There are a lot of similarities between these two fan designs - simplicity being one of them. Both have a simple design method, making both reliable and durable technology. Additionally, both use electric motors to make their design functional.

    Also, both fan designs have different options to choose from. Centrifugal fans have different blade positionings, providing different outputs, based on need and purpose. Axial fans come in different sizes and similarly to centrifugal fans, also come in different speed options.

    Finally, both fans have numerous applications in both household and commercial settings. Examples of their use include machinery, air conditioning and cooling units.

    How Do Centrifugal and Axial Fans Differ?

    The biggest difference between centrifugal and axial fans is their blade angle. A centrifugal fan will have blades angled in different directions for different flow and pressure purposes. Centrifugal fans can produce a high-pressure airflow, based on how the fan blades are angled. Adversely, the blades of an axial fan are in line with the axis, which provides a larger, low-pressure airflow.

    Furthermore, axial fans tend to be lighter than centrifugal fans, due to the low-pressure output. Centrifugal fans, especially backwards curved fans, have higher air pressure, making them heavier with a more robust housing. Even more so, axial fans’ lighter smaller build means that in some cases, they are cheaper than centrifugal fans.

    Finally, the design of an axial fan means that they are a lot noisier than centrifugal fans. Depending on size and application, some axial fans require silencers to dull the noise they create. This differs from centrifugal fans, which are a lot quieter and have no need for any noise-reducing equipment.

    Centrifugal and Axial Fans: Which Option is Best?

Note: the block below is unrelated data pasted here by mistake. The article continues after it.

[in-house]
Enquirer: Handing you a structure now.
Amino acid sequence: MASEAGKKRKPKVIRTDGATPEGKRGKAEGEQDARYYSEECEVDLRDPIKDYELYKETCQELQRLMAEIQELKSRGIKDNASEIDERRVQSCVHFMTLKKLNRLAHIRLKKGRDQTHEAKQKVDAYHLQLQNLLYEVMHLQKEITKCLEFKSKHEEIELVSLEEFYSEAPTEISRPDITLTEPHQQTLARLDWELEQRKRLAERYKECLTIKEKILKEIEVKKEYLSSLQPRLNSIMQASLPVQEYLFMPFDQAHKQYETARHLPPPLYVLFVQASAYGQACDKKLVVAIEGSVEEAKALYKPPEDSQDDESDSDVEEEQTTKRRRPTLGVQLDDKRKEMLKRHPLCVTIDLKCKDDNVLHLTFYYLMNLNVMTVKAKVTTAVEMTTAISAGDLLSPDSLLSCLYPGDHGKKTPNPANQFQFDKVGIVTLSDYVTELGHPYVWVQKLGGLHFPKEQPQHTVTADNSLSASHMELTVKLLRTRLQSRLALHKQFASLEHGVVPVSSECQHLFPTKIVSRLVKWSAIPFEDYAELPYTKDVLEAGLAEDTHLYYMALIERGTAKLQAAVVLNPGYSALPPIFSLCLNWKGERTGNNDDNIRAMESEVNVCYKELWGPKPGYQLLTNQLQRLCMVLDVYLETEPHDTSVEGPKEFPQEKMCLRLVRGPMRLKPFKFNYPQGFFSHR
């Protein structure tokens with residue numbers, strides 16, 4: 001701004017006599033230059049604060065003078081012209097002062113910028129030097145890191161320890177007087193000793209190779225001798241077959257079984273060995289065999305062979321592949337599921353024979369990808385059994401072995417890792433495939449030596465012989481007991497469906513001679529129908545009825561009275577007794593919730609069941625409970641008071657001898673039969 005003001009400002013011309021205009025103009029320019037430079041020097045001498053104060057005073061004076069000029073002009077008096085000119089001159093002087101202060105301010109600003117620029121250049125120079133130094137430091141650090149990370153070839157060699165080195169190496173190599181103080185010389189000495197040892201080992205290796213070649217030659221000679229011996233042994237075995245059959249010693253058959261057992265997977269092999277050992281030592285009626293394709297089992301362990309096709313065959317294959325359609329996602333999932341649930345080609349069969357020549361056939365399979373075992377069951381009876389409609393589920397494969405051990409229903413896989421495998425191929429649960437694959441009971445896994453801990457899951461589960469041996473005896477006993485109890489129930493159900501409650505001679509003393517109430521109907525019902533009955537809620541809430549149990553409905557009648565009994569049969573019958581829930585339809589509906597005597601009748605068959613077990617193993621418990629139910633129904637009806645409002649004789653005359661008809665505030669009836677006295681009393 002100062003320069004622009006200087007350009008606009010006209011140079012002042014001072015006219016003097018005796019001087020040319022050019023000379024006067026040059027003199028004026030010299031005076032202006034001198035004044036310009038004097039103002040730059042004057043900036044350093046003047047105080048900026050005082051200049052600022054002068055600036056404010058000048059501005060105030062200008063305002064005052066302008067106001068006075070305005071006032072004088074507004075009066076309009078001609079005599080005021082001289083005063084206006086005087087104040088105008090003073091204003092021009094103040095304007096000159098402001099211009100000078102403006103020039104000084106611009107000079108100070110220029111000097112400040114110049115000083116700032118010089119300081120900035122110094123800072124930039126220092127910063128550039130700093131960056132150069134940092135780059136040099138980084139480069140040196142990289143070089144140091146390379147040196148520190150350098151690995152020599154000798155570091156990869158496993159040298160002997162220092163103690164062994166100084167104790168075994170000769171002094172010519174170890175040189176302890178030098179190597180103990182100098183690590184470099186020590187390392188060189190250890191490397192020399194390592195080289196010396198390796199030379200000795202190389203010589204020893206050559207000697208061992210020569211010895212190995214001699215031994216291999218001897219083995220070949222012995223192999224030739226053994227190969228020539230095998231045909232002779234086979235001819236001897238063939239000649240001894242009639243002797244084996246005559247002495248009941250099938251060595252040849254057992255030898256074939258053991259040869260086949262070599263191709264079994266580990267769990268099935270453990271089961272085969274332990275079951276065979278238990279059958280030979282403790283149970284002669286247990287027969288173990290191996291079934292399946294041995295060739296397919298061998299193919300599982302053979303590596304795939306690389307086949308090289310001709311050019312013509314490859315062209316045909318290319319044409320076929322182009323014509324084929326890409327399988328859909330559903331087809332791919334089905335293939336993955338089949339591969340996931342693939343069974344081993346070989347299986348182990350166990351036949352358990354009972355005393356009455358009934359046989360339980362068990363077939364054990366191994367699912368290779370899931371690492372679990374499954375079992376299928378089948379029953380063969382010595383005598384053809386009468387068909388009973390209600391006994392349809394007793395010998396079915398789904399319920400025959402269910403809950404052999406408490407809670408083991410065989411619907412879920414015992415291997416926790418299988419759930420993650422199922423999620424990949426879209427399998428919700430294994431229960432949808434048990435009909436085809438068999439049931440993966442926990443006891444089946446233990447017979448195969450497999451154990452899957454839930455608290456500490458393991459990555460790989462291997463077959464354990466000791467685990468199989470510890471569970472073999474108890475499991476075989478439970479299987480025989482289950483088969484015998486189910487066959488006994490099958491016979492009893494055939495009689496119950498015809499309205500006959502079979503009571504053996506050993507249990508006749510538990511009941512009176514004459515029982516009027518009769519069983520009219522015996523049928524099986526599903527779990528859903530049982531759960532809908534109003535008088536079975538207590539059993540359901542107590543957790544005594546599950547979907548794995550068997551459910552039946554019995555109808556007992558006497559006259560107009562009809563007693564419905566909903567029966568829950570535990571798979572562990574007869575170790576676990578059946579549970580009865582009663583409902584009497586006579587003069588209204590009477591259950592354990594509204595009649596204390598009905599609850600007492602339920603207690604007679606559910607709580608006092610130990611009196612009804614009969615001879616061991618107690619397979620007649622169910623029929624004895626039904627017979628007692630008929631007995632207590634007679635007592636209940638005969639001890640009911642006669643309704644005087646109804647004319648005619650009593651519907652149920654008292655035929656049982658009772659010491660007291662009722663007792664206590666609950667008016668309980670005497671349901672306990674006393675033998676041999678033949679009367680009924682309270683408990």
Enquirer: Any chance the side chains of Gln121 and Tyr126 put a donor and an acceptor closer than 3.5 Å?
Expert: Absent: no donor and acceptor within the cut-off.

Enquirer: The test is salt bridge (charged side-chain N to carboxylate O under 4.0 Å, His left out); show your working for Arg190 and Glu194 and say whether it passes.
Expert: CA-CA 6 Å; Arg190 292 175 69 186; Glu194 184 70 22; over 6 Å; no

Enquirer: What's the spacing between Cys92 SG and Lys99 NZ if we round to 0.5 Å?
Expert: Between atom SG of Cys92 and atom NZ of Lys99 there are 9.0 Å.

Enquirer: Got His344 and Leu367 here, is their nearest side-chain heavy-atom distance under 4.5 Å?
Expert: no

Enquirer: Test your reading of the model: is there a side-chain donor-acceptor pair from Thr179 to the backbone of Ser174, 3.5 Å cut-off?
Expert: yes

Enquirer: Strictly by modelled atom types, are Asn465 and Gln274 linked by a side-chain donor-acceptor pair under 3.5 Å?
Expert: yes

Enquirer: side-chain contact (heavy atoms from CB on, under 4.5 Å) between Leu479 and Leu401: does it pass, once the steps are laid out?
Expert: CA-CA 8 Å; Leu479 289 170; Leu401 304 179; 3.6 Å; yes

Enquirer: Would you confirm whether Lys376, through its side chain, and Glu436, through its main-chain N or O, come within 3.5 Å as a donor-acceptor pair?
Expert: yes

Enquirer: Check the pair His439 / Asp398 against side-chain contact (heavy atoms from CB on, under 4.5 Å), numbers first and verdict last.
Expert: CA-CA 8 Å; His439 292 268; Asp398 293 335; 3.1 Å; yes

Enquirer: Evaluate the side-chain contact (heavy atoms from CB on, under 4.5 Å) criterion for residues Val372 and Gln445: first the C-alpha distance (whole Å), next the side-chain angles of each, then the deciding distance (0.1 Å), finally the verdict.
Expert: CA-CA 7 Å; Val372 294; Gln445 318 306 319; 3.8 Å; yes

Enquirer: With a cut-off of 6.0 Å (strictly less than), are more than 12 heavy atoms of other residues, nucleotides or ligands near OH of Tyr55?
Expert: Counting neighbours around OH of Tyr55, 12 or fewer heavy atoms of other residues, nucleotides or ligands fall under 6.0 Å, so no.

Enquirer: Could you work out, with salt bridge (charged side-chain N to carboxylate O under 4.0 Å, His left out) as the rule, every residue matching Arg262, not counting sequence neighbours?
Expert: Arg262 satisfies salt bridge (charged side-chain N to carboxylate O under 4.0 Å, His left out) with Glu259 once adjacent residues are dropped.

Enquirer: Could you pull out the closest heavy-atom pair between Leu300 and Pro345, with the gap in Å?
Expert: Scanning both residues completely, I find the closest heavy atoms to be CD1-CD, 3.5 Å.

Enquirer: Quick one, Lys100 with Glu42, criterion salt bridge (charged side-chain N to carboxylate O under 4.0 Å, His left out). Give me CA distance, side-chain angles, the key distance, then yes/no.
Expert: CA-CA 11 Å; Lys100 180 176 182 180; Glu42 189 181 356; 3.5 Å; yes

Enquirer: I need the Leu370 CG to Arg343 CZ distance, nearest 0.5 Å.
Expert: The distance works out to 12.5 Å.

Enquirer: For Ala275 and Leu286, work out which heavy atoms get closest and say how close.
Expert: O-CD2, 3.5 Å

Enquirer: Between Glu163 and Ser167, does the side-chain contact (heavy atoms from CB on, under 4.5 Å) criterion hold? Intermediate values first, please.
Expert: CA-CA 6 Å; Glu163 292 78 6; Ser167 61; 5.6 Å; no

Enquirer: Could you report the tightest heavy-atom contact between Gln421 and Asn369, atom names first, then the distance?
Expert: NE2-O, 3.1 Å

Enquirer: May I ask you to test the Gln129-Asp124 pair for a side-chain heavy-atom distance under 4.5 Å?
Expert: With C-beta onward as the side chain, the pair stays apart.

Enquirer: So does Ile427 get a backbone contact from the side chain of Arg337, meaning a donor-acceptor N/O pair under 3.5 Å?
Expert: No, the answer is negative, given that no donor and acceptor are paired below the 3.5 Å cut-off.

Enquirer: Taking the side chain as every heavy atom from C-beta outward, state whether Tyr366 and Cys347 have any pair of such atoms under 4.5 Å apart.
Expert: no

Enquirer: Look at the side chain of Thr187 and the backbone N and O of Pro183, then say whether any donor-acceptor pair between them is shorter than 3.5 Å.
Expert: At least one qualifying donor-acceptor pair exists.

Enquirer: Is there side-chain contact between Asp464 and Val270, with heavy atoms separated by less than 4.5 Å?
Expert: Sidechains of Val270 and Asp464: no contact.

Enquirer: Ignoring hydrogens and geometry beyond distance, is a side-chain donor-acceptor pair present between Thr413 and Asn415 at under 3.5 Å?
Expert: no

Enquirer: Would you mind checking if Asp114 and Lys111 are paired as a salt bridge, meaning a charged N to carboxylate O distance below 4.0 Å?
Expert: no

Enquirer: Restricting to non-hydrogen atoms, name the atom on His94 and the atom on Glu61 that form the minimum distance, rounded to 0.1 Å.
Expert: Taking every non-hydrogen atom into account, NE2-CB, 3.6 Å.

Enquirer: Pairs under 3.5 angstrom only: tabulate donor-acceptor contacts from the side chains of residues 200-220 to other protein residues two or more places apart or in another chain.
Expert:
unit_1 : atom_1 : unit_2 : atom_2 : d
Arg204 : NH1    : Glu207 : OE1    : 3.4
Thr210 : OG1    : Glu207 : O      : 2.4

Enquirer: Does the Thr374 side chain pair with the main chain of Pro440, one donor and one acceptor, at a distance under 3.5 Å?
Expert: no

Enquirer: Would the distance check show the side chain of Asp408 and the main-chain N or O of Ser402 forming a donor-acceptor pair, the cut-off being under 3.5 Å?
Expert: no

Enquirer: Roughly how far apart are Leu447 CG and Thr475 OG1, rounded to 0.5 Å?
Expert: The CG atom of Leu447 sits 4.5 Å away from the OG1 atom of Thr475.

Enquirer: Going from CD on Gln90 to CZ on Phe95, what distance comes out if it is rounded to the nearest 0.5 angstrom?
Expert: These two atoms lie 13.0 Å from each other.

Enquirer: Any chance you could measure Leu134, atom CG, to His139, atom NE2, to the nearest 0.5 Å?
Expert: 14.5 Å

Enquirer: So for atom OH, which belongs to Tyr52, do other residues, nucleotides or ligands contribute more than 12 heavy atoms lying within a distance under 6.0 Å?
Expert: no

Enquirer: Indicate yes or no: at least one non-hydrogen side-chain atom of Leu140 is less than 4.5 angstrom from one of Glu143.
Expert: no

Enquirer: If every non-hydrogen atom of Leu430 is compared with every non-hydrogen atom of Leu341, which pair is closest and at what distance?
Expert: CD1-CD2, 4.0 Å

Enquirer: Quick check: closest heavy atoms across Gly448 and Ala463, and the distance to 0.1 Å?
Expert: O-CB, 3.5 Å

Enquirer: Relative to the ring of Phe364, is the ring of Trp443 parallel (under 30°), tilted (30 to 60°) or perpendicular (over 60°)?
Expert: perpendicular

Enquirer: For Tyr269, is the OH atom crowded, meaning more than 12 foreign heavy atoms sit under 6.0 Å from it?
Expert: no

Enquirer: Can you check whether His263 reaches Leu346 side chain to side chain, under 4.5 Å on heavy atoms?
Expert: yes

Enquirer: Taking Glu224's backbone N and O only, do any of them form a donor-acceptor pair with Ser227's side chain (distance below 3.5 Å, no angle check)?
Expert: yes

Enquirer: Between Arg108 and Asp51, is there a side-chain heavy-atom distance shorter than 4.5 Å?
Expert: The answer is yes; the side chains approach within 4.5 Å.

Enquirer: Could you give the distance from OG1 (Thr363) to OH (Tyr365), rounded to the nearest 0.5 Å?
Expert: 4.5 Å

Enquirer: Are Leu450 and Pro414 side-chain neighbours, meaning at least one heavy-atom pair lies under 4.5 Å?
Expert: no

Choosing between the two fans is dependent on the task or project at hand.  Considerations include the size of the space you need to cool. If you have a larger space, a centrifugal fan may be a better choice, as its output pressure is greater and can force air to circulate at a greater distance. However, if the space needing to be cooled is smaller, then an axial fan may be a better choice, as the airflow does not need as much pressure behind it to force the air at a further distance.

    Another point to consider is the size of the fan you need. Whilst both fan types come in varying sizes, the axial fan produces a lot more noise and so a centrifugal fan may be the better choice. However, axial fans are usually lighter units compared to centrifugal fans.

    An axial may be a wiser choice if you are housing a unit in a weaker infrastructure, or in machinery that needs to be movable. Even more so, if the power supply is weak, then an axial fan may be more appropriate due to its low-pressure output. A centrifugal fan requires more input of power for a high-pressure airflow.

    Finally, another attribute that needs to be considered is budget. If you have a limited budget to work with, then axial fans are the most cost-effective solution. They are as reliable as centrifugal fans, but their lighter weight and lower energy needs mean that they are cheaper to purchase and maintain.